Federal Priorities for 2013
Alzheimer’s disease is a growing crisis for our families and the economy. The federal government must address the challenges the disease poses and take bold action to confront this epidemic now.
Implement the National Alzheimer's Plan
In 2050, up to 16 million Americans will have Alzheimer’s disease, creating an enormous strain on the health care system, families, and the federal budget. Recognizing this growing crisis, Congress unanimously passed and President Obama signed into law the National Alzheimer’s Project Act (NAPA), calling for the creation of a National Alzheimer’s Plan. In May, the first National Alzheimer’s Plan was released. In support of the Plan, the President’s fiscal year 2013 budget proposal includes $100 million in additional funding for research, awareness, education and outreach, and caregiver support.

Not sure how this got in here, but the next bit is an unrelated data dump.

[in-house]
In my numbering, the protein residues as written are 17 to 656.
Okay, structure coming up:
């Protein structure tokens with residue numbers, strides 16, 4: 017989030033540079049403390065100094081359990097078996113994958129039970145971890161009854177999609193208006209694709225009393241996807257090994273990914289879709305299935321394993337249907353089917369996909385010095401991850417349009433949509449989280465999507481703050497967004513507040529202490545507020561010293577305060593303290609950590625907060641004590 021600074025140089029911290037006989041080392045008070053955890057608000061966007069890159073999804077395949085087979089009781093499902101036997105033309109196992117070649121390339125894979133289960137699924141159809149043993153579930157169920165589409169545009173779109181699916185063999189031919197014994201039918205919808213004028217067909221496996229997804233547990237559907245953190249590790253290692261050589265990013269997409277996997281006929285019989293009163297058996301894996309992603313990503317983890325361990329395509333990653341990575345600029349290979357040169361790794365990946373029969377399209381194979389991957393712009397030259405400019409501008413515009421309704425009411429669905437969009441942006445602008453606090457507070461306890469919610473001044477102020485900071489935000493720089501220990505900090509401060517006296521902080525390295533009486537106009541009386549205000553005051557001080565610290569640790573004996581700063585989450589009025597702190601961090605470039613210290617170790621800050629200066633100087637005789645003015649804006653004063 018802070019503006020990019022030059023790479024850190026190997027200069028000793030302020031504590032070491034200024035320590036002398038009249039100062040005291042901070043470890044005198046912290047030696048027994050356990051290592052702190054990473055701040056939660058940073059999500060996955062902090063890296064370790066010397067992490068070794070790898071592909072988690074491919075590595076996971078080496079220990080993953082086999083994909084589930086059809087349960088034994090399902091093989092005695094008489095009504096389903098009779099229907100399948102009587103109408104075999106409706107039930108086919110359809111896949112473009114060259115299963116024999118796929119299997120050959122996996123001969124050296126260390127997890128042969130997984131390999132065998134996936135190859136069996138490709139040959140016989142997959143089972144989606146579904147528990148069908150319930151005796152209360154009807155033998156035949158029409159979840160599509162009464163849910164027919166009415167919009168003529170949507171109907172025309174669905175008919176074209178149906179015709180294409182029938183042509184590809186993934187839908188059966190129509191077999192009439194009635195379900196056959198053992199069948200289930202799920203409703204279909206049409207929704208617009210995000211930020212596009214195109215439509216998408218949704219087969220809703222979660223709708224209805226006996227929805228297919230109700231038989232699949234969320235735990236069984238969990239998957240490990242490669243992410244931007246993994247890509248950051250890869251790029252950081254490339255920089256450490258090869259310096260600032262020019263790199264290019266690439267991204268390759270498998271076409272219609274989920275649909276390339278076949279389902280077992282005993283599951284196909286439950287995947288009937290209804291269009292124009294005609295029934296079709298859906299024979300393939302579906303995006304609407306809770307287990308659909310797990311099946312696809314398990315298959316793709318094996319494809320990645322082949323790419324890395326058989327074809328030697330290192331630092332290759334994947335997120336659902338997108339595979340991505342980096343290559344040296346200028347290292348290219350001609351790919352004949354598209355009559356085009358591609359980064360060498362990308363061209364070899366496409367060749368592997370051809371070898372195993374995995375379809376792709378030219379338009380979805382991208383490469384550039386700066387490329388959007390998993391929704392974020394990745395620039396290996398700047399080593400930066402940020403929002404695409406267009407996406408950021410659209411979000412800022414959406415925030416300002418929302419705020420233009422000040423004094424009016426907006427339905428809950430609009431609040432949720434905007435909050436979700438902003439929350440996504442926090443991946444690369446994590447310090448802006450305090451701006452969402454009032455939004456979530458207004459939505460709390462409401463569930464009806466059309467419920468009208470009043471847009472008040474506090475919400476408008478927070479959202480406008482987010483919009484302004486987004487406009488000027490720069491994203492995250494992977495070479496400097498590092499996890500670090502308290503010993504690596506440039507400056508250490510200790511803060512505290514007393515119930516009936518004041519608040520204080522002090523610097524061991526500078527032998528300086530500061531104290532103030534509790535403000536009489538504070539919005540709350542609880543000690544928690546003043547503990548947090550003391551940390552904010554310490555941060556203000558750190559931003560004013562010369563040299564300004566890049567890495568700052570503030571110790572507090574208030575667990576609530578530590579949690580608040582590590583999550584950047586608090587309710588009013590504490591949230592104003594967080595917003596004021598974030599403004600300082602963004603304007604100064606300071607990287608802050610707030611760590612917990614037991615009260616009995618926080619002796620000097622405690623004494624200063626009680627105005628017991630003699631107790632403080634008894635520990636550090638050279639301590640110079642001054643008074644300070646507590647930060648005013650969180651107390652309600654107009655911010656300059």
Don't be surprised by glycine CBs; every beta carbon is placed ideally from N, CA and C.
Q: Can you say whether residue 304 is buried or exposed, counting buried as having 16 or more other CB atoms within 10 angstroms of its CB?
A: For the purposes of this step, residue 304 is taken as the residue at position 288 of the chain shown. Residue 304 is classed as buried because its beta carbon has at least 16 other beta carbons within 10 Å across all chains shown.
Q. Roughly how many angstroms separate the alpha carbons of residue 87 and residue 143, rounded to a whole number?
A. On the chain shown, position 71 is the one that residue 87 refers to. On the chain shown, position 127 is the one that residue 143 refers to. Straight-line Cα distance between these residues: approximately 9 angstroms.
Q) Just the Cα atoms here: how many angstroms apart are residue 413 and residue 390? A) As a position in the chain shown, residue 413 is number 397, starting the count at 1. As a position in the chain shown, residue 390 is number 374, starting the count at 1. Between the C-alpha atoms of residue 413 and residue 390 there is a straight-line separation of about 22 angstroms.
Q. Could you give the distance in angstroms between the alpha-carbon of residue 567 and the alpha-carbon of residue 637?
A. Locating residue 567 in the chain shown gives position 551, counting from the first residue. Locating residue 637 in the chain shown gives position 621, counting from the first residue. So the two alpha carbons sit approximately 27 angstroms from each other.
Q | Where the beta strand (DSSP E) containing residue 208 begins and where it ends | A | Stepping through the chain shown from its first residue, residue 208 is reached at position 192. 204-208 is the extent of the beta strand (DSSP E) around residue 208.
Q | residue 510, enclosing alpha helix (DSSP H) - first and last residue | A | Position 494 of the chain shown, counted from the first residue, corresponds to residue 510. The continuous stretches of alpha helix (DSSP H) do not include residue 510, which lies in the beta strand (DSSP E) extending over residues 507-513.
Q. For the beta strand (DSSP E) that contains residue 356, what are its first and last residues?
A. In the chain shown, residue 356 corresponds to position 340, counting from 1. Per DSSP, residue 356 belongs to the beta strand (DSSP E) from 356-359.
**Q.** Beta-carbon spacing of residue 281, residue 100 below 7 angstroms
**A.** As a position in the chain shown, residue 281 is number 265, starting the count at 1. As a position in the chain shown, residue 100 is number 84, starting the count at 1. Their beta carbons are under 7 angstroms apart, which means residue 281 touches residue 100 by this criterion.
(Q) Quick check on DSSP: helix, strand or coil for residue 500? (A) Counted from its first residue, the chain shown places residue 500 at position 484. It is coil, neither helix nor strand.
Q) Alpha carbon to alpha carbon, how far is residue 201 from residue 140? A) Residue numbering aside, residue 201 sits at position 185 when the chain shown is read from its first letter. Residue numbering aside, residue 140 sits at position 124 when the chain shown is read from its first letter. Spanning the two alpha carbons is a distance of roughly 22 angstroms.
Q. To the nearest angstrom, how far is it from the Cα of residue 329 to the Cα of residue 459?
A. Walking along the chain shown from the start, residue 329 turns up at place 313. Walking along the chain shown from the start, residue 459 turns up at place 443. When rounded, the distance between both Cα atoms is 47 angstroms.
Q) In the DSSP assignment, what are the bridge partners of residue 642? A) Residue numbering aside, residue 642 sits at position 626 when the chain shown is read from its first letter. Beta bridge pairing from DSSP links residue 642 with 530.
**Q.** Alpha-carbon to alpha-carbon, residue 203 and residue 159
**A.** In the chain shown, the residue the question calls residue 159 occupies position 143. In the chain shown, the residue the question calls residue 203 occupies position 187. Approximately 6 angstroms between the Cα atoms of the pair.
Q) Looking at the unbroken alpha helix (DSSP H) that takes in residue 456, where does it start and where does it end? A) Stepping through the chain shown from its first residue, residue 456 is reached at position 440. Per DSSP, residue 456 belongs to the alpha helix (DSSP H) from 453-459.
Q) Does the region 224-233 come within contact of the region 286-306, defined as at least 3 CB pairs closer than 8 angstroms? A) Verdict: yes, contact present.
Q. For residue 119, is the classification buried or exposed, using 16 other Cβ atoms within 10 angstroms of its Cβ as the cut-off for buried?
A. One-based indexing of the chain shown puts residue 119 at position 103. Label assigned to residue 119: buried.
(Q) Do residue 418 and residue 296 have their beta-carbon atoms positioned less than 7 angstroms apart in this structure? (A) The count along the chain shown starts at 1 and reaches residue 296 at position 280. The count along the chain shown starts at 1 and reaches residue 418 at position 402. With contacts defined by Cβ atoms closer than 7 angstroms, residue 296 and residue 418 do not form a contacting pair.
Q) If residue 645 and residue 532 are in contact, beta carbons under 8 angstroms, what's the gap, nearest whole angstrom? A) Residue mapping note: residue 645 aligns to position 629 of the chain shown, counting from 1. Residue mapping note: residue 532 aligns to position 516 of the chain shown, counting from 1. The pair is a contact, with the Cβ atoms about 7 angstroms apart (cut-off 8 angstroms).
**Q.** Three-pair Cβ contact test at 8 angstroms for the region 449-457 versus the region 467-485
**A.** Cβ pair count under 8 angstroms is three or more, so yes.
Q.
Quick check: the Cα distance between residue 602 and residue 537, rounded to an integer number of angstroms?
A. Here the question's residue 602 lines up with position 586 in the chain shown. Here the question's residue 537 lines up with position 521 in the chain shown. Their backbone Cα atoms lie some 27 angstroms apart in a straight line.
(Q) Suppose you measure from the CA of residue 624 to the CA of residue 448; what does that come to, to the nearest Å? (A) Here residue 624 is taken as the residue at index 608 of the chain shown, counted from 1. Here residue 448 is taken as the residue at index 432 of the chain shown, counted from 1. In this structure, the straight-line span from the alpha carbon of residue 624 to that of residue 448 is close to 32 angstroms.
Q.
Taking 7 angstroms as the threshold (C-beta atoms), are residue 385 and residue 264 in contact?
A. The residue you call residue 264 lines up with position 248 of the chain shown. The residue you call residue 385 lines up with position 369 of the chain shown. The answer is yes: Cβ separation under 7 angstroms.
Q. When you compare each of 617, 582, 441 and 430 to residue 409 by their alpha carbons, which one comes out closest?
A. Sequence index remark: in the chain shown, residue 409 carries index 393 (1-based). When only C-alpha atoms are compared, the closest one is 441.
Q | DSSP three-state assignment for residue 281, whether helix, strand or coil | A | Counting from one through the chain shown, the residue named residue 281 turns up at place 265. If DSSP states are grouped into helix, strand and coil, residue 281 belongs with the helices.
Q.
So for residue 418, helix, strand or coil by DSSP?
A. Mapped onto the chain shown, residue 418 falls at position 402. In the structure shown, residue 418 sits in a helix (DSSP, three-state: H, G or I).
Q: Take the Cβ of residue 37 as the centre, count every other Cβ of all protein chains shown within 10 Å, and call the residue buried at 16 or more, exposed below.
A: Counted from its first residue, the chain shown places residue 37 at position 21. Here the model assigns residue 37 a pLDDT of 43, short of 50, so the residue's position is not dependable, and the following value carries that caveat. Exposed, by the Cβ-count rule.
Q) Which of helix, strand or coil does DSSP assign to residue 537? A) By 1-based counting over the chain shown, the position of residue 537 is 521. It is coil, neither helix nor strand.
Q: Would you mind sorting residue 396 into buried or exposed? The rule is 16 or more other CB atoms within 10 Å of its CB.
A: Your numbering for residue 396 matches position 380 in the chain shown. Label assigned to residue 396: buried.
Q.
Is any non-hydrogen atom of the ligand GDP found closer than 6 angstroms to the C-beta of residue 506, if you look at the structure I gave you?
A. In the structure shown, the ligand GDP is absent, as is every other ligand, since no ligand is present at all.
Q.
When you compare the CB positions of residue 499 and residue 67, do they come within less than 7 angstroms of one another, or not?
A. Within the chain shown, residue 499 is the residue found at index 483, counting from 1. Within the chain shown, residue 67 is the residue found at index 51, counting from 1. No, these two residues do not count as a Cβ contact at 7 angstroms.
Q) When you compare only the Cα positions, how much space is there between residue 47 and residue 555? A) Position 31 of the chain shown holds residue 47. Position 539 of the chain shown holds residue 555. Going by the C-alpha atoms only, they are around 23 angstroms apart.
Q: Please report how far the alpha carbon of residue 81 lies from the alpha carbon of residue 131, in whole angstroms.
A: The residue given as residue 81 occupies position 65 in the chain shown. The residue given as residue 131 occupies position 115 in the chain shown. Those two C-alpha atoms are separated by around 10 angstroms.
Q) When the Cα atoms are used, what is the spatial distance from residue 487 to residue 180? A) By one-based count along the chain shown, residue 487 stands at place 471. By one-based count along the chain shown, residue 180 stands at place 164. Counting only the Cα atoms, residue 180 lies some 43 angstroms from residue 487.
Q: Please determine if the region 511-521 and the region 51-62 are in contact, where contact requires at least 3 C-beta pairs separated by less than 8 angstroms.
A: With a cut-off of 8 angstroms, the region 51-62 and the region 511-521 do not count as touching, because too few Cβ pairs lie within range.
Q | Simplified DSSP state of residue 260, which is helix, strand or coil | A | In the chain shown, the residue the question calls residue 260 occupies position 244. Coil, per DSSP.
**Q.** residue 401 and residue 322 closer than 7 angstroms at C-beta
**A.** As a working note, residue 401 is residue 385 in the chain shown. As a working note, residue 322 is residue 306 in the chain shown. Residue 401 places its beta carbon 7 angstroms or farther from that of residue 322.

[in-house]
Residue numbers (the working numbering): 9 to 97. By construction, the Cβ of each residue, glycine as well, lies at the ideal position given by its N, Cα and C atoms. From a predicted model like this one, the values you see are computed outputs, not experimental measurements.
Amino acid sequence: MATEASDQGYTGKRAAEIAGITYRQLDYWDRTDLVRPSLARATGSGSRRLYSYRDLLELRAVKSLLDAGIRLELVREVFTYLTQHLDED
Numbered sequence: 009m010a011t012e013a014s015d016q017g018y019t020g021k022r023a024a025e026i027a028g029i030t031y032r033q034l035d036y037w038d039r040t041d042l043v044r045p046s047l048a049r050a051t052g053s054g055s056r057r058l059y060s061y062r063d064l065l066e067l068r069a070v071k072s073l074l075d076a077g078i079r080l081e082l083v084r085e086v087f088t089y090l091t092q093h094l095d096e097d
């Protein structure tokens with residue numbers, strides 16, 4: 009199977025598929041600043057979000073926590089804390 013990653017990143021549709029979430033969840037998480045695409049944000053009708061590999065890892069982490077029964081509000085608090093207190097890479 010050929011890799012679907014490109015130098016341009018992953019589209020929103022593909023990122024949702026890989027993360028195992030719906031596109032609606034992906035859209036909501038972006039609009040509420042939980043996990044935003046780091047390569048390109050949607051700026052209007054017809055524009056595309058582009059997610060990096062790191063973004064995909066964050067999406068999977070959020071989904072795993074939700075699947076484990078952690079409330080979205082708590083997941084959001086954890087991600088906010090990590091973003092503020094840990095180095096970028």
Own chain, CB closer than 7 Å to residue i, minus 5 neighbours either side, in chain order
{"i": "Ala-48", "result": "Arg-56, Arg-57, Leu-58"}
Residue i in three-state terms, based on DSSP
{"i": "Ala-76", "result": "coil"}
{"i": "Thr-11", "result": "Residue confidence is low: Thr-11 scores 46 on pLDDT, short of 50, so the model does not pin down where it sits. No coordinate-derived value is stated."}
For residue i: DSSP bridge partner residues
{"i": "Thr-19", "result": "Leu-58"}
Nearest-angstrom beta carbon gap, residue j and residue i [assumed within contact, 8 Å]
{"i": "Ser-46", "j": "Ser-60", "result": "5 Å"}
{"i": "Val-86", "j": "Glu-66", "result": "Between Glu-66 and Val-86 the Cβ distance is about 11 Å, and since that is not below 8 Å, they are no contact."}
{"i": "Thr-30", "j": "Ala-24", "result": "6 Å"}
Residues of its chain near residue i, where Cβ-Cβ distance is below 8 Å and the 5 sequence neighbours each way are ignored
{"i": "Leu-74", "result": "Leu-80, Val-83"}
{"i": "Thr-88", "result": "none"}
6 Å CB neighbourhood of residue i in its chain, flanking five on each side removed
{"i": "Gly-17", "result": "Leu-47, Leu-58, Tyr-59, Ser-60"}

Increase the commitment to Alzheimer’s research
Expand education efforts and caregiver support services
Increase access to diagnosis and care planning
In order to ensure high quality medical care and better outcomes for individuals with Alzheimer’s, the disease must be diagnosed, care must be planned, and the diagnosis must be noted in the individual’s medical record. Studies also suggest that an early diagnosis and care planning improve a caregiver’s long-term health. Yet, about half of those with Alzheimer’s and other dementias have not been diagnosed. Consistent with the National Alzheimer’s Plan’s call for timely diagnosis and education for newly-diagnosed individuals, the Health Outcomes, Planning, and Education (HOPE) for Alzheimer’s Act (S. 709/H.R. 1507) would increase diagnosis of Alzheimer’s disease, provide information on medical and non-medical services for newly-diagnosed patients and their families, and document the diagnosis in the patient’s medical record. Learn more
Other Legislation We Have Supported:
Search THOMAS for more information about the bills above.